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Calm AF: Coloring Books Help Reconcile Adulthood

National Coloring Day is coming just in time.

By F+

illustration by Zach Cooper.

illustration by Zach Cooper.

In an odd coincidence (seemingly unconnected but nonetheless a relief) after two full weeks of political conventions, August 2 is National Coloring Book Day.

It’s a new holiday, this being the second annual National Coloring Book Day (NCBD) ever, and to help celebrate it, I took on the onerous task of examining some adult coloring books in order to present some NCBD options.

First, a disclaimer: I am not a coloring book person. I have a really, really hard time staying in the lines, and coloring over them makes me anxious. I am not a good colorer.

However, adult coloring books are still incredibly appealing. Who doesn’t want to spend three hours coloring an intricate mandala while letting their mind wander? These books are said to help adults reduce their focus on events largely out of their control — such as student loan debt and the rise of Neo-fascism in the United States — and return to their breath while seeing something beautiful in front of them.

For this reason, adult coloring books are quite popular. In the past few decades, the transition between recent generations’ (very) extended childhoods and the harsh responsibilities of adulthood have become harder to accomplish. What better way to soothe these aging women-and-men-children than to grab the colored pencils and out-color the anxiety?

Many adults in their 20s and 30s hate the realities of adulthood: Finding a job that pays well enough to support oneself in a still-uncertain job market while paying off student debt and puzzling over how to gain independence and stability can be crippling.

The millennial generation is composed of new adults who often see their own lives as fundamentally out of their control. They don’t have the time or resources to relax outside the home on a regular basis, and the only other alternative is screen-time, which leads to Facebook, which leads to deeper ennui.

The urge to return to childhood is strong, and with that urge comes a string of furious swear words and ill temper. Enter adult coloring books, screaming profanity at the world while offering an intricate, pretty picture to fill with sadness and anger and bright colors.

The adult coloring book craze has intensified to a fever pitch. A once-niche market (if not a super-niche market) grew into a veritable publishing empire. Last year, the top ten adult coloring book titles sold over 1.5 million copies, according to Publisher’s Weekly. Both of the top two best-selling coloring books last year — “Secret Garden” and “Enchanted Forest” — were created by Scottish illustrator Johanna Basford. Basford arguably ignited the craze almost single-handedly: Her gilt-trimmed intricate books were irresistible to the twee-loving Anthropologie set.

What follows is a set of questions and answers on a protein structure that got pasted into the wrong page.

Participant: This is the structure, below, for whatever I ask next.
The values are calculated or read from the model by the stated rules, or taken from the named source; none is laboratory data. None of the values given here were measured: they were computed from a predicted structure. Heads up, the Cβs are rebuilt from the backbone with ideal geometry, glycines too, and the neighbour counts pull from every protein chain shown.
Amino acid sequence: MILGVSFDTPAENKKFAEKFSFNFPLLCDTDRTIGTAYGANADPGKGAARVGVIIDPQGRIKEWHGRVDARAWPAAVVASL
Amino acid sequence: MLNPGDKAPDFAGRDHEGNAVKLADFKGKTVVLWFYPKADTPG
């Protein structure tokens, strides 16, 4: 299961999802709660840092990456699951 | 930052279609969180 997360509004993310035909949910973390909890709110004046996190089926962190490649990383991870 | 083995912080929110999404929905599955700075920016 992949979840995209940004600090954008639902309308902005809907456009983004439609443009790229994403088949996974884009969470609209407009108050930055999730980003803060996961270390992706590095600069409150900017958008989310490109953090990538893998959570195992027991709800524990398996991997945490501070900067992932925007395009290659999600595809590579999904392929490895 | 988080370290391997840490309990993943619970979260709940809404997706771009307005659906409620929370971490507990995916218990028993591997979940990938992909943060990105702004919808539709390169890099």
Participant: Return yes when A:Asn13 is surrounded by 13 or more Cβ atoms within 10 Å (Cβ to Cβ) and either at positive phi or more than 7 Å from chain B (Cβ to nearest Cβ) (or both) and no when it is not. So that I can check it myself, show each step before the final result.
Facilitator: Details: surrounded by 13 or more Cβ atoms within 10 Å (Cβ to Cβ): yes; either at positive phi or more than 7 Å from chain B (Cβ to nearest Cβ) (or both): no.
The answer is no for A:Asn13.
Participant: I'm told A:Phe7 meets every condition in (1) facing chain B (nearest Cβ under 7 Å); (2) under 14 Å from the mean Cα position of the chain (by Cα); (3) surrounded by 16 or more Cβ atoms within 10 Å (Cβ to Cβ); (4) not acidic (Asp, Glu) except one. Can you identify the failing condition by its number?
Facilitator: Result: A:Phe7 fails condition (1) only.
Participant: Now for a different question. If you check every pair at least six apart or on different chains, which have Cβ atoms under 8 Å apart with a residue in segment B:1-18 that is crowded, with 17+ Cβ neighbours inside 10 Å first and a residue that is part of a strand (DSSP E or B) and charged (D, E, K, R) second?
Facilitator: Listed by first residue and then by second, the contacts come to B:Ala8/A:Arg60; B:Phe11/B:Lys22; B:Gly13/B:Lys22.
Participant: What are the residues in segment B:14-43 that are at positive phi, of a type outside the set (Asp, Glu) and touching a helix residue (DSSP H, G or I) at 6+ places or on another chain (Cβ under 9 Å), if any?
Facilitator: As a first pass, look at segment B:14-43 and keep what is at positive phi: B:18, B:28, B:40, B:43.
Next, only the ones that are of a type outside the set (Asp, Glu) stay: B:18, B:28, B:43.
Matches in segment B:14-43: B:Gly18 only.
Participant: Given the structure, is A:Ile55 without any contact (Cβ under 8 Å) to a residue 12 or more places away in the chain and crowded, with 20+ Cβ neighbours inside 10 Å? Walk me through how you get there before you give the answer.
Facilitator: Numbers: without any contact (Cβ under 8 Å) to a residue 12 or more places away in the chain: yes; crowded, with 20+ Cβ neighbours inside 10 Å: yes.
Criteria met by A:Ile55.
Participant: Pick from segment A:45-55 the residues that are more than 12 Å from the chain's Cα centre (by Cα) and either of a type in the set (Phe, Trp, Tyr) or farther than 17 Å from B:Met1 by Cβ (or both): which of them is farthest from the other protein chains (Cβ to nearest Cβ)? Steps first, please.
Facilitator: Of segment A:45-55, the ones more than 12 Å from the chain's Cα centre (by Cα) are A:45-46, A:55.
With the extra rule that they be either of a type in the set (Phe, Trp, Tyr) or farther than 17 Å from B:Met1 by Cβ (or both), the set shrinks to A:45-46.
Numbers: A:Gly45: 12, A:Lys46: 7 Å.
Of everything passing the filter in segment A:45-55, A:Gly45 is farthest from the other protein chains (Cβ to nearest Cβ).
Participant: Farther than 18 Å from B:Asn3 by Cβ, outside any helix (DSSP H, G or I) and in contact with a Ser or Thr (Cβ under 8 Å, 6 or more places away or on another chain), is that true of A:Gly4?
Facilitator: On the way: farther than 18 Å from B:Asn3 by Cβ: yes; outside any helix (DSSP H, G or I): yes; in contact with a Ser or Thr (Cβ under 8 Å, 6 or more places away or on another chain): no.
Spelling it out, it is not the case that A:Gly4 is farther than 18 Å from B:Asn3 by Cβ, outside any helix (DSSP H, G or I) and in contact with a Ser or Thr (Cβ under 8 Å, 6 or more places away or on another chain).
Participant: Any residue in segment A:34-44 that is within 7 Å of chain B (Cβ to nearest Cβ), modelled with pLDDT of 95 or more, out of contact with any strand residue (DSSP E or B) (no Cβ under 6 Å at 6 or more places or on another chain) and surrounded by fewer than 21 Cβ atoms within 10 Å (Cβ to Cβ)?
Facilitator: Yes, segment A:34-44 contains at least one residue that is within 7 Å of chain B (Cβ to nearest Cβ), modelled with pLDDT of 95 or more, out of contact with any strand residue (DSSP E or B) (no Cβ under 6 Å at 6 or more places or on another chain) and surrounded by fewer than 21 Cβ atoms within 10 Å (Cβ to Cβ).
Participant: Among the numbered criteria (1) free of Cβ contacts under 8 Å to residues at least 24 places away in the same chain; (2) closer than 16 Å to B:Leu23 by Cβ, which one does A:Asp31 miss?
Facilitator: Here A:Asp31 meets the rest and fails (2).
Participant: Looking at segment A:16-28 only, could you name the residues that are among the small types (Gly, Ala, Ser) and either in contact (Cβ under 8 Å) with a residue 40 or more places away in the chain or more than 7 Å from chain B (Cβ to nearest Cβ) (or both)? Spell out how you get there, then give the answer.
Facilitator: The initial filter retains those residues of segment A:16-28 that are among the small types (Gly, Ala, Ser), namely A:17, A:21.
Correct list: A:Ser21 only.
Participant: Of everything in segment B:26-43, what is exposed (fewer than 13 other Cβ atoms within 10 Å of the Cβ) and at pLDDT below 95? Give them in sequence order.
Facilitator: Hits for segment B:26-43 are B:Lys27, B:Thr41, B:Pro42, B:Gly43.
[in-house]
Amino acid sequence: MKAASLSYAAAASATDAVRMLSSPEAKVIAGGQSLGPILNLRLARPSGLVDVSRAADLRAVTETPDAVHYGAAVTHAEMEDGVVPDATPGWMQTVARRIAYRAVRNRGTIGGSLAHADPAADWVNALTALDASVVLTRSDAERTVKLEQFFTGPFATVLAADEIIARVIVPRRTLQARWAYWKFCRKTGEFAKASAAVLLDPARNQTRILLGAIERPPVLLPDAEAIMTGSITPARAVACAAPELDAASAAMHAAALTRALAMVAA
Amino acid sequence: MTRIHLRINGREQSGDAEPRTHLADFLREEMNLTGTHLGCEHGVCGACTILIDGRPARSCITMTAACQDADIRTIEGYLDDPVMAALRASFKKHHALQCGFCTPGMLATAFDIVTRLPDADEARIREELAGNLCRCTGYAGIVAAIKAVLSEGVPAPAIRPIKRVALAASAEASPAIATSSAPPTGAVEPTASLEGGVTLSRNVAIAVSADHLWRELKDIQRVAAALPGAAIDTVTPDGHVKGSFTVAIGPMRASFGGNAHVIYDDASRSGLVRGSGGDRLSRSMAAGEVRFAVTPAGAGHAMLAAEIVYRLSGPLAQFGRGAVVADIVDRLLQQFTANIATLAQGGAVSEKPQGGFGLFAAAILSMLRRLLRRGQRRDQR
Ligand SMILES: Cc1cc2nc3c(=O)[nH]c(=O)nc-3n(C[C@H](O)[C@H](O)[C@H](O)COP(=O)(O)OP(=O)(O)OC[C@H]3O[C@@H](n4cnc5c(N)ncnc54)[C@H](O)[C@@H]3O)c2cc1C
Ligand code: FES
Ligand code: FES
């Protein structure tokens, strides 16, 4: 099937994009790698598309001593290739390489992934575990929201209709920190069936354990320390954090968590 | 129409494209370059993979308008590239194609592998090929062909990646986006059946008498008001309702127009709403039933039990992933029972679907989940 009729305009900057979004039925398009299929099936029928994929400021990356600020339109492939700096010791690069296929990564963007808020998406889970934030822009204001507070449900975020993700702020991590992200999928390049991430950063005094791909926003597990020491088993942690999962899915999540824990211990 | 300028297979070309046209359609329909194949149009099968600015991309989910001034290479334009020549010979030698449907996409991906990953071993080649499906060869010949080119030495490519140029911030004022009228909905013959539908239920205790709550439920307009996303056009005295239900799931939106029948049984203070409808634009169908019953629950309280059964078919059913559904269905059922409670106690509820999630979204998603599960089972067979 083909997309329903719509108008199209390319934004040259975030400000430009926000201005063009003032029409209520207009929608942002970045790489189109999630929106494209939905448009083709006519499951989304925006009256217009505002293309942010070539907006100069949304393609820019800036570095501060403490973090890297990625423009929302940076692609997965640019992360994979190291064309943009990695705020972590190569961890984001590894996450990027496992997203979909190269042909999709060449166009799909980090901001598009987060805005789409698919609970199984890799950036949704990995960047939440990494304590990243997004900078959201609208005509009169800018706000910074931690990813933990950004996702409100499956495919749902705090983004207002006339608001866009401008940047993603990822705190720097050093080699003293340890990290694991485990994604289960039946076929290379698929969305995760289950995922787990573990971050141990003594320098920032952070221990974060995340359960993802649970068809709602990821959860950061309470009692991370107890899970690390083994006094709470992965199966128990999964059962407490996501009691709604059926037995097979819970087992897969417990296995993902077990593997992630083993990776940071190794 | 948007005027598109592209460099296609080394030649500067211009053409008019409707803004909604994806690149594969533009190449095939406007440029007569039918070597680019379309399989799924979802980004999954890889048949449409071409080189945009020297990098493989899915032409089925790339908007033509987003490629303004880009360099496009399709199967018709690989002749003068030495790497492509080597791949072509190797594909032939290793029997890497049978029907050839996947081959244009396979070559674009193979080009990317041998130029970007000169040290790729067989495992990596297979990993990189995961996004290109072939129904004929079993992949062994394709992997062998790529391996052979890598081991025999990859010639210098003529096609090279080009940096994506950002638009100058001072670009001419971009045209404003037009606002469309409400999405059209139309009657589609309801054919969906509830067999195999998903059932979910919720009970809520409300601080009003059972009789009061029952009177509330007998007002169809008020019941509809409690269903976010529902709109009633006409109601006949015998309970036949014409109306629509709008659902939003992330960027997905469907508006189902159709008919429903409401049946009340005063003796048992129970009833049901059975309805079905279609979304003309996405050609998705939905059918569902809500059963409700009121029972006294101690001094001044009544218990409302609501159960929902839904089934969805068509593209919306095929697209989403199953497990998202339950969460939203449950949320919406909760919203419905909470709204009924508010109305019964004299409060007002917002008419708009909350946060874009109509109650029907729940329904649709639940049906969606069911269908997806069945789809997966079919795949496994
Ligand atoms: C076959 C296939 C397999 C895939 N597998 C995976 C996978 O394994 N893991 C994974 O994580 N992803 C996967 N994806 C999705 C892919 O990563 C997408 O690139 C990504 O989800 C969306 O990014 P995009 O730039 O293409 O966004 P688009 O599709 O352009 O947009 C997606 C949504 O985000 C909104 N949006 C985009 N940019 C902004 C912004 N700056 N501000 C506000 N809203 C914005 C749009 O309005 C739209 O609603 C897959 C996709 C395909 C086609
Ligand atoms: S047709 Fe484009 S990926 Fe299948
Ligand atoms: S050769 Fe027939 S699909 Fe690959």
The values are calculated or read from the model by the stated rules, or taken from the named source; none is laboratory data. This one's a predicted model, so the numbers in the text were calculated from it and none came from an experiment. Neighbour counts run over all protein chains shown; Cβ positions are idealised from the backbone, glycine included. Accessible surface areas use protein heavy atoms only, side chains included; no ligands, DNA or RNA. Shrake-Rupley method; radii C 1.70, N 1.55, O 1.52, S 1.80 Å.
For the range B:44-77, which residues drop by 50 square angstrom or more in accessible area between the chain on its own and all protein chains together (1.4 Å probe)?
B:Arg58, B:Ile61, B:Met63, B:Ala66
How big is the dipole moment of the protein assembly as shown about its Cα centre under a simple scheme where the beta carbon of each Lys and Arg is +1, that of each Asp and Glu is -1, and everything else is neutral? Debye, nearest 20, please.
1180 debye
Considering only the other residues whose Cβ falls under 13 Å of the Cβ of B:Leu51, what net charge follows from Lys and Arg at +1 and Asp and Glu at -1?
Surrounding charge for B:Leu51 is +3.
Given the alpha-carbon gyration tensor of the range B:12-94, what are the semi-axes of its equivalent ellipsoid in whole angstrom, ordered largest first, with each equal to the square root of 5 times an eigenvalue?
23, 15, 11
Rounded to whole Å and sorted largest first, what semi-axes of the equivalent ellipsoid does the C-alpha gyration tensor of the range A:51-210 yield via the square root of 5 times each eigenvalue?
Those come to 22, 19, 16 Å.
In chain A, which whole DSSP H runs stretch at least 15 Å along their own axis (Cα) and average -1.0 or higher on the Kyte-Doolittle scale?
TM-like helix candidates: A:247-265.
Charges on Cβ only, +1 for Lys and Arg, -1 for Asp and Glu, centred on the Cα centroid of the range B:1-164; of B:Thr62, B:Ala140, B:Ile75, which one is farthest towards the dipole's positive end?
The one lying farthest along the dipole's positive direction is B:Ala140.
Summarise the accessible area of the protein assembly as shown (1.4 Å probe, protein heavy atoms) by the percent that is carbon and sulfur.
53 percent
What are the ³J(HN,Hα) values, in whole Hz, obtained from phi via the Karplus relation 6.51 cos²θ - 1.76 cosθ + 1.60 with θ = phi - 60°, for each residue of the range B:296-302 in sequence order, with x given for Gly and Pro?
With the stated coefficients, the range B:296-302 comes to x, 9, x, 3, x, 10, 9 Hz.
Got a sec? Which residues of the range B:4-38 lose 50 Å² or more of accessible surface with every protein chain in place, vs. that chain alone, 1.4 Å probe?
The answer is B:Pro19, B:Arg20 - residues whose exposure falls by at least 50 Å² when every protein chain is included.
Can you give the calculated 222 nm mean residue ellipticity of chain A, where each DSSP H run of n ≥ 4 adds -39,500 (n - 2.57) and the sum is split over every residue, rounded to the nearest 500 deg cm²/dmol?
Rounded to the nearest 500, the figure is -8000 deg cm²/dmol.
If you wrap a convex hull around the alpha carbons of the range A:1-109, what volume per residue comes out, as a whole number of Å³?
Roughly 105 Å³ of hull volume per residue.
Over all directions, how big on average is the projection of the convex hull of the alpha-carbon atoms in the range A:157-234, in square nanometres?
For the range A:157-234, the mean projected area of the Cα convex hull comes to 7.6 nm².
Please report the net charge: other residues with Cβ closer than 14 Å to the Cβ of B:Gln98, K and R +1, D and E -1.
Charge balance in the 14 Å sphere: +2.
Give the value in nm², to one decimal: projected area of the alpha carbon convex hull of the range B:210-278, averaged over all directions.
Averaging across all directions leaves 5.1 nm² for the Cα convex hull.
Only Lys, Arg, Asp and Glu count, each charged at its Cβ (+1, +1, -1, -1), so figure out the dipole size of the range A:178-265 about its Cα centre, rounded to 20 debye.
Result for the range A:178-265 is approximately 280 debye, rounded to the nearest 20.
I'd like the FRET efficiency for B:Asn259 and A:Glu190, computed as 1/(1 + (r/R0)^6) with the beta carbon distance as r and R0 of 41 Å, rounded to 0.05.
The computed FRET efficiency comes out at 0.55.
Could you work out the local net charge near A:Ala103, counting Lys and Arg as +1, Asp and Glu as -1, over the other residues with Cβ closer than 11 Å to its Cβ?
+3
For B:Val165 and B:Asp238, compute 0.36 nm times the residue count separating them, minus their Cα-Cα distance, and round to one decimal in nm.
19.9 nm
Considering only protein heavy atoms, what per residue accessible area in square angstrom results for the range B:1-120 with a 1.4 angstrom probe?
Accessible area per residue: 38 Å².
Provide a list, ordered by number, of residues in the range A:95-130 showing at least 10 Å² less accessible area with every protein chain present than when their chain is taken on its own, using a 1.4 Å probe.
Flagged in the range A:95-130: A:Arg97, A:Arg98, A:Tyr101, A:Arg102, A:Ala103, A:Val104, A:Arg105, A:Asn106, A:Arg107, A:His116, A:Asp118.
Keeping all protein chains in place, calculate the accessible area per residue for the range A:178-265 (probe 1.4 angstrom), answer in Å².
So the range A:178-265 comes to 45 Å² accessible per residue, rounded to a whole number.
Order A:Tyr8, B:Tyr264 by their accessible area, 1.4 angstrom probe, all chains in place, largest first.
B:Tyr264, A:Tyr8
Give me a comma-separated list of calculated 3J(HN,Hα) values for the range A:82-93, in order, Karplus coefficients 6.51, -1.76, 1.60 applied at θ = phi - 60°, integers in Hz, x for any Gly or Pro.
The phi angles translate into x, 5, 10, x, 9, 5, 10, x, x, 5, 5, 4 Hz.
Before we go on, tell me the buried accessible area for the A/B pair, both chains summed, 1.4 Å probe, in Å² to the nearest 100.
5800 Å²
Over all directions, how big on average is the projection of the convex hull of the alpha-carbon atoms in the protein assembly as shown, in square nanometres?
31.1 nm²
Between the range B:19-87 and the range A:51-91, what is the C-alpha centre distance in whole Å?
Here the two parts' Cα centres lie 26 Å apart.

Since Basford set the stage for the adult coloring industry to explode, there have been offshoots, imitations, parodies, marketing gimmicks, and everything in between. Walk into any bookstore today and you’re bound to find a table of clever coloring books ranging from the hyper-serious (“The Mindfulness Coloring Book: Anti-Stress Art Therapy for Busy People”) to the quirky (“Cats & Quilts”) to the obscene (“AssJabber”).

“Another F*cking Coloring Book” appeared, unrequested, as a review copy in the F office last week. I decided to take the opportunity to give it a try.

“Another F*cking Coloring Book” is filled with pages that include fun phrases along with their patterned imagery. Some favorites include:  “Home is where the liquor is,” “In wine there is wisdom, in beer there is freedom, in water there is bacteria,” and “Three of these people will be dead tomorrow.”

This last phrase presents the colorer with a sea of faces. This page might hit a little too close to home, as a colorer could have a hard time deciding which shades of skin to choose, knowing that whomever they mark might become an emblem of the egregious race war currently waging right outside their domicile.

Looking through the book, I found myself smiling and laughing —  increasing my serotonin levels — and feeling good about spending some time coloring them. I chose “Coffee or Homicide,” but got so frustrated with staying inside the lines, I almost quit to go just cry my pain out, like I normally do.
Adult coloring books are perhaps not for everybody, but they have a proven record of success for many. August 2 offers a perfect opportunity to see what they have to offer. “Another F*cking Coloring Book,” put out by Adams Media, is a fine choice. Other fascinating titles are: “Calm the F*ck Down,”Owls,” “Release Your Anger (Midnight Edition),” “Amazing Swirls,” and Basford’s “Lost Ocean.”

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